To Educate the Masses en Masse is a Massive Undertaking

1980, ’81 and ’82 aren’t seen as a glorious period in popular music. Punk was dead. Punk’s second wave was dying. Ian Curtis had (rightly, in my opionion, and that’s said with love) hanged himself. Most legendary American (post)punk bands were in the infant stage, if born at all, releasing scintillating but inchoate slabs of fury (PIL, Black Flag, etc). Even Prince was only gaining speed. At the same time, the cheesy new wave garbage that would dominate the eighties hadn’t totally defeated 70s soft rock yet. The sound of those years went beyond transitional. It was downright lost.

And in there, as I discovered belatedly in the mid-nineties (having been so young 80-82 that I was still listening to my parents’ records), there’s the Genre That Cannot Be Named. It certainly nods to Joy Division, sometimes taking the rhythmic innovations of Hook/Morrison to subvert the usual structure of a three minute song. They were also often poppier, usually production-wise. Low tenor, emotive singing. Reverb-heavy and impressionistic guitar.

These bands were the first to harvest all of Joy Division’s innovations. Bowie is famously quoted as saying “It’s not who does it first, it’s who does it second,” or some such shit, although when he said this, rock was so young that no one had had the chance, yet, to do it third. Third-chancers like Interpol, Editors, Bravery, even Wilderness et al, are lucky that ‘second’ came so quickly after ‘first’ that no one noticed. Especially since they forgot to do one thing that the 80-82 gang often did quite well — write songs. Interpol gets lucky with a few. And I do like Wilderness. But man, those albums get boring real fast. And don’t get me started on the Bravery, the Stills, and the second rate regulars of that patch.

Not to mention the fact that U2 steals the particulars of this Nameless Sound for the majority of its career, which was going nowhere before they shed their infantile cock-rock for the atmospherics of Boy. There’s just no question Edge was listening to The Comsat Angels, the Teardrop Explodes or the Sound. To name a few.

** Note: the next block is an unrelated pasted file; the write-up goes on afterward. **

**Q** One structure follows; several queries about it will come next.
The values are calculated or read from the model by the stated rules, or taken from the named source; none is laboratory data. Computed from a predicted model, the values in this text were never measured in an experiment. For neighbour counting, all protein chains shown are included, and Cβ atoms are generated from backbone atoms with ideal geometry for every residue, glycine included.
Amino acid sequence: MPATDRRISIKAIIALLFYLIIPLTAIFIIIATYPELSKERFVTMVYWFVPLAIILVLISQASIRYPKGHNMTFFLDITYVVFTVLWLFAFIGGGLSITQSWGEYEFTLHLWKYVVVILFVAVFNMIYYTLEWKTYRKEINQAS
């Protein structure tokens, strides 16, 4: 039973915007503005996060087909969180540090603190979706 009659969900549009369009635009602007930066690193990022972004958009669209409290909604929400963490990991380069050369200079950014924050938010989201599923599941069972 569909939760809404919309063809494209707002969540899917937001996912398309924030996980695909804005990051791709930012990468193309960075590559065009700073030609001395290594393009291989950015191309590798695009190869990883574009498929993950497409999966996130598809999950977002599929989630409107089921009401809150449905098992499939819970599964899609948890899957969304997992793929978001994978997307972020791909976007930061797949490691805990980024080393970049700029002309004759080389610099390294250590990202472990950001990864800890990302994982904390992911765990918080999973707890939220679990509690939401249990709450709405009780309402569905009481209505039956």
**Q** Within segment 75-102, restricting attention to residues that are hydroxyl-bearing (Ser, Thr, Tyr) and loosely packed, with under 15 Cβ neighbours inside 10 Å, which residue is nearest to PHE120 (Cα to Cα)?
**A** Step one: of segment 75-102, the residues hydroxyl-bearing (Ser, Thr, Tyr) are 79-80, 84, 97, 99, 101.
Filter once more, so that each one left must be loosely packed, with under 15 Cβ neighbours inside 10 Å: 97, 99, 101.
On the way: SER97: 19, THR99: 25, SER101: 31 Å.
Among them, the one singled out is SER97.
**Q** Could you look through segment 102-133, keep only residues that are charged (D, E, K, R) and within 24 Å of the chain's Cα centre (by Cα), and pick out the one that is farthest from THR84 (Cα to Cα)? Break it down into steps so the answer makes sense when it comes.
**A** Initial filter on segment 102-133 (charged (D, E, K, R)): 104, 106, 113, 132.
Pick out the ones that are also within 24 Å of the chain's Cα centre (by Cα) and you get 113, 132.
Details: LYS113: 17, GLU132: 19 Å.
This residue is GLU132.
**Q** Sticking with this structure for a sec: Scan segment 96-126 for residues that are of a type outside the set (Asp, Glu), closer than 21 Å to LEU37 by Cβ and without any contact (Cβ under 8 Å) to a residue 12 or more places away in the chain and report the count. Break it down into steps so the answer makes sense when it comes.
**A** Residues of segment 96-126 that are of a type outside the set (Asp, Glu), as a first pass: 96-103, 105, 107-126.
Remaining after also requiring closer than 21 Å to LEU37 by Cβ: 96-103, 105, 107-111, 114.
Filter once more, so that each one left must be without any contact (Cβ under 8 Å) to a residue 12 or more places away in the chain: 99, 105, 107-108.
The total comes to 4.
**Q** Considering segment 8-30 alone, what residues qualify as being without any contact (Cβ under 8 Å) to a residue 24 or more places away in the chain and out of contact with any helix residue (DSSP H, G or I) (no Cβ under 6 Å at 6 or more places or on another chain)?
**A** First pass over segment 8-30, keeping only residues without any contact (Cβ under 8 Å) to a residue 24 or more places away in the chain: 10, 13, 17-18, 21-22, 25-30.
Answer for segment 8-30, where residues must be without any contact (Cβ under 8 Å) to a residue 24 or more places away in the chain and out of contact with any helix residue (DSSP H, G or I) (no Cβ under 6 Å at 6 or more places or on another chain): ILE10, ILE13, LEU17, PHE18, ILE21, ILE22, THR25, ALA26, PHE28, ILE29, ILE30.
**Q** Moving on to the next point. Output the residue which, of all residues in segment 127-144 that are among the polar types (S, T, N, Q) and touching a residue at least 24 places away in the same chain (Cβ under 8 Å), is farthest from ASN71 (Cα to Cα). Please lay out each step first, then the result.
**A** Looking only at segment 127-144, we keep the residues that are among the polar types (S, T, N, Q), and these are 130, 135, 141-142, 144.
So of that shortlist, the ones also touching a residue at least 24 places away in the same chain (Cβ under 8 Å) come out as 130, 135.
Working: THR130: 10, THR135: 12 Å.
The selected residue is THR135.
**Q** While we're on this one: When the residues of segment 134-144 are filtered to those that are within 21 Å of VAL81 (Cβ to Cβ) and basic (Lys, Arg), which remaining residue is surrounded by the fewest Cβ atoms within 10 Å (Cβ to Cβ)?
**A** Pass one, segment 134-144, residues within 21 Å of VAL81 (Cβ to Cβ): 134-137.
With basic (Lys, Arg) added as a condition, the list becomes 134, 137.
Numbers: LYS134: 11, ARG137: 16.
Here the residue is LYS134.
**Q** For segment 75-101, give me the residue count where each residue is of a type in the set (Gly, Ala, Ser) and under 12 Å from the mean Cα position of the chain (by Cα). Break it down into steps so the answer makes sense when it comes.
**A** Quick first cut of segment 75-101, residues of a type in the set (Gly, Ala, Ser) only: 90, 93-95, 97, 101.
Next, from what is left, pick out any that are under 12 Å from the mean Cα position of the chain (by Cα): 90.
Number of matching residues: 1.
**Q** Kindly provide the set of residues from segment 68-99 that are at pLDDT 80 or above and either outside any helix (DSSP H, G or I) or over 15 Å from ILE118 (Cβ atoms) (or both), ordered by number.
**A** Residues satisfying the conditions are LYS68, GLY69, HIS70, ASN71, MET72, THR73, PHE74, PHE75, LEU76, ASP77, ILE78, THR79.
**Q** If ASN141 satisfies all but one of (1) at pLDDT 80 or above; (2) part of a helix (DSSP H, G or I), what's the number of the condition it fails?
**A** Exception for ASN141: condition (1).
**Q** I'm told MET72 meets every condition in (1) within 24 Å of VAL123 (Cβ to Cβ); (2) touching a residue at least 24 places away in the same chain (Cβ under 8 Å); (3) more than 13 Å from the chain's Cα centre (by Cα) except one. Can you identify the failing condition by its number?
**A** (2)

I’m sticking to the mostly unchic, unreleased, and unspoken-for, leaving out the cats you’ll catch on VH-1 classics, and rightly so, like Echo and the Bunnymen. So we’ll start with The Sound, a British outfit who rearely, if ever, had their records released stateside.

A quick lowdown: Their Jeopardy (1980) and From the Lion’s Mouth (1981) comprise the pinnacle of their work, two records unjustly ignored even now, for the most part. Someone could really beef their indie rock street cred by covering one of these. Sadly, there’ll be no reunion: Bassist Max Mayers fell to AIDS and principal songwriter Adrian Borland killed himself in 1999. All three are from From the Lion’s Mouth:
The Sound – Skeletons

The Sound – Winning

The Sound – Sense of Purpose

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4 thoughts on “To Educate the Masses en Masse is a Massive Undertaking

  1. If you listen very carefully to the silence between tracks on ‘The Name of This Band is Talking Heads,’ it says Do Not Remain in Light, Carol Anne! Do Not Remain in Light! Stay away from the Light! They moved the gravestones but forgot to move the bodies! No Talking, just Head!

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  2. These would fill a nice gap in my ipod between Split Enz and early-mid XTC. Are they downloadable from the links? ‘Cause I don’t think Limewire’s going to have them. Though, come to think of it, if they can be found, they can probably be found here.Been listening to a lot of <>The Compact XTC: The Singles 1978-85<> of late. Those boys did some whack shit, man.

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  3. Downloadble from ‘da links, yes. XTC did do some whack shit, exactly, if you mean in the perjorative — solely a ‘greastest hits’ outfit, meaning albums had three worthy songs and rest filler, until ‘Big Express’ and ‘Skylarking,’ and then ‘grestest hits’ worthy afterward – don’t let anyone tell you ‘Oranges and Lemons’ isn’t mostly stupid (but “King For a Day’ is great …

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